#MillionsMissing

red-shoes

Today, protesters are leaving empty shoes in public spaces in cities across the world to raise awareness of the debilitating illness M.E. The shoes represent the #MillionsMissing.

Millions of people worldwide, missing from the lives they want to live.

Millions of pounds/dollars/euros, missing from serious, rigorous biomedical research.

To find out more please visit meaction.net or millionsmissing.org

Or look out for empty pairs of shoes in your city, and say hi to the protesters!

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M.E. Awareness Week

Quotations on blue

It’s M.E. Awareness Week 9th-15th May in the UK, and International M.E. Awareness Day today (May 12th). M.E. stands for Myalgic Encephalomyelitis and is defined by the World Health Organisation as a neurological disease. There are 250,000 people living with this debilitating illness in the UK alone, of which I am one.

For many of us the illness was triggered by a viral infection, although there are other possible triggers. The best-known symptom is fatigue, sometimes severe fatigue, although this does lead to misconceptions about the illness. It’s not just about being tired! We have limited reserves of energy, and when we’ve used them up we get ill. ‘Post-exertional malaise’ – a delayed and prolonged reaction to activity – is a defining feature of M.E.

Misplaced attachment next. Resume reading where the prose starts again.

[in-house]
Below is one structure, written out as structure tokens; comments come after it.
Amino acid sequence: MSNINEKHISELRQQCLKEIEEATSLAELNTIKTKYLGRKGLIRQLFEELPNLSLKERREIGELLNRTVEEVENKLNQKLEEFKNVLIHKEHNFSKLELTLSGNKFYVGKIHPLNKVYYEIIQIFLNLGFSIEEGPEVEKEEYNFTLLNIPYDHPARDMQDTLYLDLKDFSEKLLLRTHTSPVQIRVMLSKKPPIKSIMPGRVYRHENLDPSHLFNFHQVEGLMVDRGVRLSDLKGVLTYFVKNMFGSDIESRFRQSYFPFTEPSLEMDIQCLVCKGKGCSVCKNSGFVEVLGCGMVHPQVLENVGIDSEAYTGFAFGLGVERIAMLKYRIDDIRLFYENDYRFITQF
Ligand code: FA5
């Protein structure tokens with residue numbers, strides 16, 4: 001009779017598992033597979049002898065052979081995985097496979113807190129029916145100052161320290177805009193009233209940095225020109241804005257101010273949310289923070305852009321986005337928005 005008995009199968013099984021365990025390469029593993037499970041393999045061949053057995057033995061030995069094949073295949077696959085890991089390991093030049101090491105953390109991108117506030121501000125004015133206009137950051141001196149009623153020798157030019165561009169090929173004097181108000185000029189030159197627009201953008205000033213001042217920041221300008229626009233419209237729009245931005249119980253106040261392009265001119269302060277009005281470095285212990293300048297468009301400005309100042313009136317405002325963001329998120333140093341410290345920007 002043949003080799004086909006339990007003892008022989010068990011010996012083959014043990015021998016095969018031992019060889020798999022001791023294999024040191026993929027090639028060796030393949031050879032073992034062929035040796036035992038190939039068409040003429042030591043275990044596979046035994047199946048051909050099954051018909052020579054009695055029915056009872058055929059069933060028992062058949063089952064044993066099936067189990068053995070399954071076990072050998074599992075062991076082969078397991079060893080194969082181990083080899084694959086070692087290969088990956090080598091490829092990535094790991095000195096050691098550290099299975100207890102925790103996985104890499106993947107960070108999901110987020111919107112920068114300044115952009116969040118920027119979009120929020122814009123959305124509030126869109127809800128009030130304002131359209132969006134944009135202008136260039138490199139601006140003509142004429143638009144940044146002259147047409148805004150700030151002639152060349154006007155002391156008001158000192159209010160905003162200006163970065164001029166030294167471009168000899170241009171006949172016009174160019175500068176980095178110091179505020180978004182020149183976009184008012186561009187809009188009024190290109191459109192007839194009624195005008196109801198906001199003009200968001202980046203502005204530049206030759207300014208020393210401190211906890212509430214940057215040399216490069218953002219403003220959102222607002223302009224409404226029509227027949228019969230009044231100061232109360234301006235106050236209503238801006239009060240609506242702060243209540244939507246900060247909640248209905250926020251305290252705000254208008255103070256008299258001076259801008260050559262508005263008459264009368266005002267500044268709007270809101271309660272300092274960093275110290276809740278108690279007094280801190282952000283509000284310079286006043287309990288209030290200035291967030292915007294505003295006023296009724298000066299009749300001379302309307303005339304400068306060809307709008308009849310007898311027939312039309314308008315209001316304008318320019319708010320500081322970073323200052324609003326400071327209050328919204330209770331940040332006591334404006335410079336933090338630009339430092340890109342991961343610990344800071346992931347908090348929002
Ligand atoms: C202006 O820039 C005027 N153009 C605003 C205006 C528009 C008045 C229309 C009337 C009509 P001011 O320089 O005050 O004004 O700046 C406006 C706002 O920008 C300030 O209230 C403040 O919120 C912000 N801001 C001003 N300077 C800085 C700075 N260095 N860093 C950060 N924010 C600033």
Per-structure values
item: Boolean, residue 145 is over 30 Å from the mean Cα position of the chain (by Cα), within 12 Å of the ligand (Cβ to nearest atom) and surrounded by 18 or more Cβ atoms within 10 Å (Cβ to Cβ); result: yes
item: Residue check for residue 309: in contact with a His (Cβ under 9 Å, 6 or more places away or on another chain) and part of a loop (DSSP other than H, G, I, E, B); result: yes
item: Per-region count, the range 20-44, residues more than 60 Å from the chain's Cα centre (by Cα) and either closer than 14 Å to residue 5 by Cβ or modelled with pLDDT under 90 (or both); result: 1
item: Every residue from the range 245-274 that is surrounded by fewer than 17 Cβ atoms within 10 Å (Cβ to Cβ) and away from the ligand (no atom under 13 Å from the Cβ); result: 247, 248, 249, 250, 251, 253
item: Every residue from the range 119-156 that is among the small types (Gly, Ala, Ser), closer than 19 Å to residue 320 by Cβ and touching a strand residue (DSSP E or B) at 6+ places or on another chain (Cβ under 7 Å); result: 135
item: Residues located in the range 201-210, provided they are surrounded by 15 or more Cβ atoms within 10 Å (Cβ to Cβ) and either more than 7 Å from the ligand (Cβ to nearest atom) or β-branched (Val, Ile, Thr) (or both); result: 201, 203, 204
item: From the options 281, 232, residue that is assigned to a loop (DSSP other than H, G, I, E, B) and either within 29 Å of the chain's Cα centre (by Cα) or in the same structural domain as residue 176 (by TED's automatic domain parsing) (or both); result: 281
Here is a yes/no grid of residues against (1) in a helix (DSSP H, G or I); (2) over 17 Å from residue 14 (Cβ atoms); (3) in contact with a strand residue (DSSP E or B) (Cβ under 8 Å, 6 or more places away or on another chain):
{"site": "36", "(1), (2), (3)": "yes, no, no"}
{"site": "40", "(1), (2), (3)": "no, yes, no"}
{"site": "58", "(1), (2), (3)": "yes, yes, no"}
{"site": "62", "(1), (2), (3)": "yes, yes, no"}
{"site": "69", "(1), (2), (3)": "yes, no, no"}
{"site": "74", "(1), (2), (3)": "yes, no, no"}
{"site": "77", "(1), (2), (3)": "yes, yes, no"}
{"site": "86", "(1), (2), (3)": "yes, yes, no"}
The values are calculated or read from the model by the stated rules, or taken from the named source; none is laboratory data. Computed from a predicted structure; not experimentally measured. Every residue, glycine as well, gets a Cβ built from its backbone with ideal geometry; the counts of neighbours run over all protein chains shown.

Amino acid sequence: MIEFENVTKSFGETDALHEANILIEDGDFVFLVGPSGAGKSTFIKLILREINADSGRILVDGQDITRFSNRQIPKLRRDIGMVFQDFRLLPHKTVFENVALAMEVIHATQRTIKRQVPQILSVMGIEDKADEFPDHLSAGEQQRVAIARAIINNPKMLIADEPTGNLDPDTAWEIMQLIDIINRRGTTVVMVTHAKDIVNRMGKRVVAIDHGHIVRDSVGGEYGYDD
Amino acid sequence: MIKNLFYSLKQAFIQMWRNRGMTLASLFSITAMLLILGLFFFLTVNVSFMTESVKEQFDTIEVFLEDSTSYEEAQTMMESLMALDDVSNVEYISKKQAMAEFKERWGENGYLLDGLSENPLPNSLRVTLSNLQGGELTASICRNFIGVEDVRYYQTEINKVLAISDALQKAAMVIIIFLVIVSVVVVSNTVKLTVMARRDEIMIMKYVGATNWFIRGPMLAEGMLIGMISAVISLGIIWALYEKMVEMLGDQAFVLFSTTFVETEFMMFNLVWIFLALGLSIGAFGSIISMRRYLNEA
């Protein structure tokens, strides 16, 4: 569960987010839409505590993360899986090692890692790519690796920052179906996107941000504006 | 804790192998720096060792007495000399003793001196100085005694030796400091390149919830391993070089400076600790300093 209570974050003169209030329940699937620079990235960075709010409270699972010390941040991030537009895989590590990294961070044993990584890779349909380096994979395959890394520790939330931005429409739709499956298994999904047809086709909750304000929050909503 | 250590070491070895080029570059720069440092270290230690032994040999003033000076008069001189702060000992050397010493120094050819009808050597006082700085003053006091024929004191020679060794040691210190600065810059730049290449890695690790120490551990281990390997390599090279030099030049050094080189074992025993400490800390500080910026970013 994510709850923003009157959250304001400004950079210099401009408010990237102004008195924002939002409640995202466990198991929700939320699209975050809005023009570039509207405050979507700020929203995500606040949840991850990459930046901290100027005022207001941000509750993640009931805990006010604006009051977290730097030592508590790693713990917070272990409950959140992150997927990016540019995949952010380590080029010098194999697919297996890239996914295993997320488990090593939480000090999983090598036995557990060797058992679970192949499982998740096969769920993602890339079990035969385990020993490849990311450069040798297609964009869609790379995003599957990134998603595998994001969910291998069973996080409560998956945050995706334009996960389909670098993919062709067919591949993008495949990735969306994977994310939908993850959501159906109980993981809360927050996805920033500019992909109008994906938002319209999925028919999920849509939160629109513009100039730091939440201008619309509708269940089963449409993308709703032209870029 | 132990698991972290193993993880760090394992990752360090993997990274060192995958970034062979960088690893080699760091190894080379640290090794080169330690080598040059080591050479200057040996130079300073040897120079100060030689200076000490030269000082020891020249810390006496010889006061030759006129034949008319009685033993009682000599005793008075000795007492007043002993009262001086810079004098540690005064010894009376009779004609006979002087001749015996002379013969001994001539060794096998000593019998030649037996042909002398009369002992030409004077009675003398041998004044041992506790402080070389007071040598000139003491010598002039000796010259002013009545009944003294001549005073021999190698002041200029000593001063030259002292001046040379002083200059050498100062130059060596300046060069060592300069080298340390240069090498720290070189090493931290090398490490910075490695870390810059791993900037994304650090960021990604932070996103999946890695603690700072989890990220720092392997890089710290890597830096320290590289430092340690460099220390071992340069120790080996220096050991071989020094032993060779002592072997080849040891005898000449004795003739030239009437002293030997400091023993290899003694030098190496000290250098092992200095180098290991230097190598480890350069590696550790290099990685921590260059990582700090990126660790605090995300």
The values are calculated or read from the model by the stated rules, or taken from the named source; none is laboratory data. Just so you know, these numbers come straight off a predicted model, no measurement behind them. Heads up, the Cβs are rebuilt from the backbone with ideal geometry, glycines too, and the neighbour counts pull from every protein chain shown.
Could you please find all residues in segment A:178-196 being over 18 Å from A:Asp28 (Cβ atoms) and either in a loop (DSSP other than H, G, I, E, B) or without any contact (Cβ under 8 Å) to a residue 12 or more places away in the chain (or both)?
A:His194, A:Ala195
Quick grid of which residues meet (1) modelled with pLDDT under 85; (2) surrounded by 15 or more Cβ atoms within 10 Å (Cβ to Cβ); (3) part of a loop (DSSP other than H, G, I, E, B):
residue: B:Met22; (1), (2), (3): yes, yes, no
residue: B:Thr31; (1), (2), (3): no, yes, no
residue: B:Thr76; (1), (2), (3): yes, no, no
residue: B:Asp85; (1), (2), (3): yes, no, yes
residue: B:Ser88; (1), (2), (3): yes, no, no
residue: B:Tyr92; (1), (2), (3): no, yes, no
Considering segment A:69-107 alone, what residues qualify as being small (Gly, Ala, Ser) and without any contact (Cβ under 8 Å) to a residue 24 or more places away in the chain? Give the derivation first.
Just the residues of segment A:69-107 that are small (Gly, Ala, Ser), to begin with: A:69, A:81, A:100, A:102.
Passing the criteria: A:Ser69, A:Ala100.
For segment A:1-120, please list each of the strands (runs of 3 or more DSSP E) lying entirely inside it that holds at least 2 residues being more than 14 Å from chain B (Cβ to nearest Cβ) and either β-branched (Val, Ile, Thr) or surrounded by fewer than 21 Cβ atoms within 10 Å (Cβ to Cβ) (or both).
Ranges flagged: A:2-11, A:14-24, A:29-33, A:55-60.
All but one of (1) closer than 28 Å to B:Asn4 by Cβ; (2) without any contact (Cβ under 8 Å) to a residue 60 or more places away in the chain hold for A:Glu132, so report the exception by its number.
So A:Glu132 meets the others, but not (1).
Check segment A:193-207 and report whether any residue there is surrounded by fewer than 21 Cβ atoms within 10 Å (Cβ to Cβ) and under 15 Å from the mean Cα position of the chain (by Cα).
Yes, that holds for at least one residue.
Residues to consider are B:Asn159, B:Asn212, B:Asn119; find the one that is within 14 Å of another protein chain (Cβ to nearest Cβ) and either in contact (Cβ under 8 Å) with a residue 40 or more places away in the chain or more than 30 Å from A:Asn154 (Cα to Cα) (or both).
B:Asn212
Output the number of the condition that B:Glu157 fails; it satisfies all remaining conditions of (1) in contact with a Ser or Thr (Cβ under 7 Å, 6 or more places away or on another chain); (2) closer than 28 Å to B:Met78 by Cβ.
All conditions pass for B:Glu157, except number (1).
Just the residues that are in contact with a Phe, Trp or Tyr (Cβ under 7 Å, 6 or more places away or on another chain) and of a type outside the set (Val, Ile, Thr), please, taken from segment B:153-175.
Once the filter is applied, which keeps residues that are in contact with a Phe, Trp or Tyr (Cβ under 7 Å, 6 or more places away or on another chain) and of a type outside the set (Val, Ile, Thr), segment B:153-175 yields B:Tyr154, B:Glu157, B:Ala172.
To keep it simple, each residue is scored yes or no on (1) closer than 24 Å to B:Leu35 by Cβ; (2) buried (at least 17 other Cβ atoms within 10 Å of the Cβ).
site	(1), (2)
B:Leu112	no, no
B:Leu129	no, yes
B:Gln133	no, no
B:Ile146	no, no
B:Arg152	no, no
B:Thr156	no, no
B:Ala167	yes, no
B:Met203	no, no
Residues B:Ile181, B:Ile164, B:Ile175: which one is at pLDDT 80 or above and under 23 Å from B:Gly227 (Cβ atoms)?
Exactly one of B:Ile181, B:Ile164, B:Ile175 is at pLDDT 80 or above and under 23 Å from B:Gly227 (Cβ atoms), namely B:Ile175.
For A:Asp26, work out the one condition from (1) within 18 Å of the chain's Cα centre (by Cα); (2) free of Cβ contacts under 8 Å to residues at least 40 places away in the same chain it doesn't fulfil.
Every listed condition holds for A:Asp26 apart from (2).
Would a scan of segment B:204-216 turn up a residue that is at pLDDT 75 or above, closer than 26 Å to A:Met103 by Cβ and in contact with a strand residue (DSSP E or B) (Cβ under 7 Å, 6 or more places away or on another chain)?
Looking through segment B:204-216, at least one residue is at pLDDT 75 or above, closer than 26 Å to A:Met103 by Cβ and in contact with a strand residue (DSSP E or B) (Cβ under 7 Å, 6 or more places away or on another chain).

For me, the main problems are headaches/migraines and low blood pressure/dizziness. For others, symptoms include muscle and joint weakness and pain, light and noise sensitivity, and ‘brain fog’ (difficulty speaking or thinking clearly). M.E. varies hugely in severity – a few people lead an almost-normal life while others are bed-bound. Most of us are somewhere in the middle, but severely affected patients live with constant exhaustion and pain. M.E. also fluctuates – we tend to have good days and bad days, and on a good day it can seem to others as though there’s nothing wrong with some of us. If only!

This illness can vary greatly so it’s hard to do it justice in a short paragraph, and I know I won’t have described everybody’s experience (it’s not called a complex multi-system disorder for nothing!). The M.E. Association explains all this sooo much better than I can – please visit their website for more information on the condition and the current research, and to support their valuable work if you can.

Today’s artwork includes some of my favourite quotations, the ones that reflect my experience of, and attitude to, life with a chronic medical condition. Some of the quotes reflect the courage and kindness of my family and my M.E. friends. What words of wisdom get you through the day (and night)?

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